Weekly Update

The Market Finds Something to Worry About

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Published August 18, 2023


Stocks rise on a ‘wall of worry’. As the worries turn out not to be true, buying accelerates. The market’s euphoric rally in June signaled that investors collectively had overcome virtually all the worries of recession and interest rates leading to the bear market. In true bull market fashion, investors have rotated from the initial leaders to other sectors of the market, lifting all boats as it were. Eventually, a new worry surfaces sending prices back down a bit in a market correction. We are there now.

1) A report out of China last week was the shot across the bow of this market rally. The second largest economy in the world was faltering with exports falling and the specter of DEFLATION rearing its head. Deflation is the most feared word in markets – a self-reinforcing death spiral of falling prices as consumers horde cash and investment stagnates.

There’s worry #1 – China’s economy is not recovering thus reducing growth prospects globally, especially in Europe.

China skids, taking Asia down with it.

China skids, taking Asia down with it

2) The market narrative has been that the Fed was done raising interest rates, thus leaving room for rates to begin falling back sometime in the next year. But stronger domestic economic reports and stubborn inflation in some areas has led investors to question that notion and begin embracing a “higher for longer” thesis. Ten- and thirty-year bond yields have surged higher on the new narrative, punishing growth stocks which were already ripe for a pullback.

There’s worry #2 – interest rates will be higher for longer.

Long-term bond yields surge

Long-term bond yields surge

3) Finally, August and September are the worst months of the year for stocks, seasonally. Simply the awareness of this pattern makes investors quick on the selling trigger. As the above fundamental issues have cropped up, investors have been quick to run into now-richer bonds and cash.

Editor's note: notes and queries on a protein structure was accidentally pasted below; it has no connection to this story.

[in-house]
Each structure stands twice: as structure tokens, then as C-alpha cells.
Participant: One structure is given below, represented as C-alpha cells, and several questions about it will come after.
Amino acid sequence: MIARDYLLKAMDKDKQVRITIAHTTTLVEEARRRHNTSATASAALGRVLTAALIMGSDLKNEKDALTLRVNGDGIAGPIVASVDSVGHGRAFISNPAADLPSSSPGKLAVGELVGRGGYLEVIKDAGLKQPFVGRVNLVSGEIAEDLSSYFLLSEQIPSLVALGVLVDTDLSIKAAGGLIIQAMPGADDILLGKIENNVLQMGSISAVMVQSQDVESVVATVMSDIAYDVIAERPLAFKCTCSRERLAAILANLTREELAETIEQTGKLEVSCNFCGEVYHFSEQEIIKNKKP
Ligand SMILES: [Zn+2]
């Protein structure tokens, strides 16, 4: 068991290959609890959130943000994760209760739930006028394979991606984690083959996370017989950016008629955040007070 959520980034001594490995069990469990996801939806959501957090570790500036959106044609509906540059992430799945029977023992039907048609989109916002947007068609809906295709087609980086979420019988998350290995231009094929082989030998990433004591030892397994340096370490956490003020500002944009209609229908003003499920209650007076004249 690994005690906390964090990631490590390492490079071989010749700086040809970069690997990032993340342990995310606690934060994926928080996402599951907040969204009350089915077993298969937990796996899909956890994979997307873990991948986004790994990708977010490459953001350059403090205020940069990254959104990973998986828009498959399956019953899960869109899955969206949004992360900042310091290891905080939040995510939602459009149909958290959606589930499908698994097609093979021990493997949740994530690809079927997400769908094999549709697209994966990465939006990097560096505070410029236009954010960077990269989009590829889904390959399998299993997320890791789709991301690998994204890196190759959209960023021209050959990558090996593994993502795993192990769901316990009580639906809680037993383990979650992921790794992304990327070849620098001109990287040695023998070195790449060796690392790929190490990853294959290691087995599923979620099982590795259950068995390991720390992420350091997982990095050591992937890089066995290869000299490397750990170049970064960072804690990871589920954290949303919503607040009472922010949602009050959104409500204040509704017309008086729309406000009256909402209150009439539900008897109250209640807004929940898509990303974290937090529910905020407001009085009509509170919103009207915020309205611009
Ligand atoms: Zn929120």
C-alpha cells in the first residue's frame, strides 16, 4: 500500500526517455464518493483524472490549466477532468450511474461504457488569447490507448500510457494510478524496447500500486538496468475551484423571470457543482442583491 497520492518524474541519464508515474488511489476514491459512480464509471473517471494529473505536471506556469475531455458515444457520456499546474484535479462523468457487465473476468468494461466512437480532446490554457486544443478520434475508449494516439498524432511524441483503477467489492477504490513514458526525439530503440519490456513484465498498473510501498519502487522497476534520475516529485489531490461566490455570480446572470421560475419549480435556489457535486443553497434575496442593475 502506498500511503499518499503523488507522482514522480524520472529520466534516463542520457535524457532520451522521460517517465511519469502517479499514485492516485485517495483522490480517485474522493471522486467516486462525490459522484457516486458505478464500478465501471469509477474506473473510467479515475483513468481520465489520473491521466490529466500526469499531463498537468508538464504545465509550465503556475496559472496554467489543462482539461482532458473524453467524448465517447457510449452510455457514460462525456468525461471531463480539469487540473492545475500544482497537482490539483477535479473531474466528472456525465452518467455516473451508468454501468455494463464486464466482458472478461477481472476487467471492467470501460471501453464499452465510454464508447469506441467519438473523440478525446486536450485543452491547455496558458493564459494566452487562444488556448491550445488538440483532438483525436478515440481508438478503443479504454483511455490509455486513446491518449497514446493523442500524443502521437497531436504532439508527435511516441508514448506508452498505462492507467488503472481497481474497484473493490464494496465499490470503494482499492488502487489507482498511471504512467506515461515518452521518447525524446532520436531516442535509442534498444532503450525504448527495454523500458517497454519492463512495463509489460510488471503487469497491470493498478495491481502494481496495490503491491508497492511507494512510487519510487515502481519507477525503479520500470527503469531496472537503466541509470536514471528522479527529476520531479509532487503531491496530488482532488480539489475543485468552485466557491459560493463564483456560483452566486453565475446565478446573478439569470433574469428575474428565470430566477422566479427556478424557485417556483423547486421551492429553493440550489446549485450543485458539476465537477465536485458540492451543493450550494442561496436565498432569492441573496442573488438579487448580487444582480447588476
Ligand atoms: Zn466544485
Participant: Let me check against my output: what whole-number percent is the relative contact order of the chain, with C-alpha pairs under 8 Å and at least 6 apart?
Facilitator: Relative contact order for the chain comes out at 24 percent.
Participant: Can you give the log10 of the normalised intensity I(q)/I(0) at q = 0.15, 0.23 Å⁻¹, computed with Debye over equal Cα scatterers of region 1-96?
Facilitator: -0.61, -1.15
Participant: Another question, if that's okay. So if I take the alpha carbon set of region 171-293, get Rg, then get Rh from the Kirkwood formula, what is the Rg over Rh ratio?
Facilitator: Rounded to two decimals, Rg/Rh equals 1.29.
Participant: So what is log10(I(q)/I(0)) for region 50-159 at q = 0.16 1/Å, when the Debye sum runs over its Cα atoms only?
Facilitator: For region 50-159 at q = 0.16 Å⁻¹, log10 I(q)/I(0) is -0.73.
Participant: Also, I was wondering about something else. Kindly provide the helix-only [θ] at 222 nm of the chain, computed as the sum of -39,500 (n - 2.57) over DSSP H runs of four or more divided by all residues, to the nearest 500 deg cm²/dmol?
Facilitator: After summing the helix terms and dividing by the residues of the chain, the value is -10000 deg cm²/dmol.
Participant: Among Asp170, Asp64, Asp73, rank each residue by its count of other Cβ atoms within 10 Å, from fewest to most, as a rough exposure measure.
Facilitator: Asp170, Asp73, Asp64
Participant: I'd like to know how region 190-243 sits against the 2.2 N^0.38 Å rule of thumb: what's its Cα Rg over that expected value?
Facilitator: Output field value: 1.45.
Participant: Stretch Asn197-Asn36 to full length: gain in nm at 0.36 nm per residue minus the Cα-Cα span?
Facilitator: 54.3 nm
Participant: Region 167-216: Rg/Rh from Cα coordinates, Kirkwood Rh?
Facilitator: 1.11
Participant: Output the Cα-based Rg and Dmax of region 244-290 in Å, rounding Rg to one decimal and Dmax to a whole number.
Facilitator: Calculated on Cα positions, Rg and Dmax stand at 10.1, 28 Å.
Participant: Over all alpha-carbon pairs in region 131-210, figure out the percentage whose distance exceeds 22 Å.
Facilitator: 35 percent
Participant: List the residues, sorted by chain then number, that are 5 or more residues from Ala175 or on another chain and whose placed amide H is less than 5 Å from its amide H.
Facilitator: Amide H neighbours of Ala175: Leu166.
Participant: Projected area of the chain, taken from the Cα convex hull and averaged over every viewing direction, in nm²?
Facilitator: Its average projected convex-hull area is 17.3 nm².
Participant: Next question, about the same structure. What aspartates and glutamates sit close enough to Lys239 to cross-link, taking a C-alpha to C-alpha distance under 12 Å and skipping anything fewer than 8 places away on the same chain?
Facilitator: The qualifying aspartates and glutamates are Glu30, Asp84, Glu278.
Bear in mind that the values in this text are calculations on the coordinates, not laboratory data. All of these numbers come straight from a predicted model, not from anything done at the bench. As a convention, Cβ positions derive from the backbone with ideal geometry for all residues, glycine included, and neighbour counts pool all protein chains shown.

August and September swoon in stocks

August and September swoon in stocks

Ok. Our wall of worry has been rebuilt and prices are correcting. Markets will now take a negative view of news items that only a month or two before were viewed positively. Until … a surprise will come along to force investors to wonder if prices have dropped enough. There will be some initial buying. If bulls can string together a few solid days, shorts will have to cover their positions by buying, sending prices sharply upward. And a new rally can begin.


Market Update

After a couple of down weeks, the Nasdaq opened this week with a solid +1% gain as investor favorite Nvidia paced a rebound despite a tick upward in interest rates. The gain was reversed Tuesday as a strong retail report pushed investors to think harder about interest rates holding higher for longer. Also concerning was another of a string of reports out of China showing the government there reducing rates to try to bolster the economy. Further interest rate moves came Wednesday to push stocks down another -0.8%. The Atlanta Fed’s GDPNow report projects GDP growth of a rapid +5.8% in the third quarter, hardly the “soft” economic data that would lead the Fed to reduce rates anytime soon. At the same time, retailers Target and Walmart both came out with earnings affirming the strength of consumers. A strong labor report was the impetus for rates to continue their climb Thursday. Mortgage rates hit a 20-year high crossing 7%. Stocks slipped further with a -0.8% drop Thursday. Friday brought a positive reversal with stocks opening lower only to claw their way back to breakeven in Friday’s session. Ross Stores became another retailer posting strong results with their report Friday. Oil prices popped higher defying the angst over a weakening Chinese economy.

Stocks made it a third straight week of selling with the S&P 500 falling -2.05%. The Nasdaq 100 (QQQ) tumbled -2.21%. Smallcap stocks complete a roundtrip giving back all of their summer advance with this week’s -3.32% fall.

Warm wishes and until next month.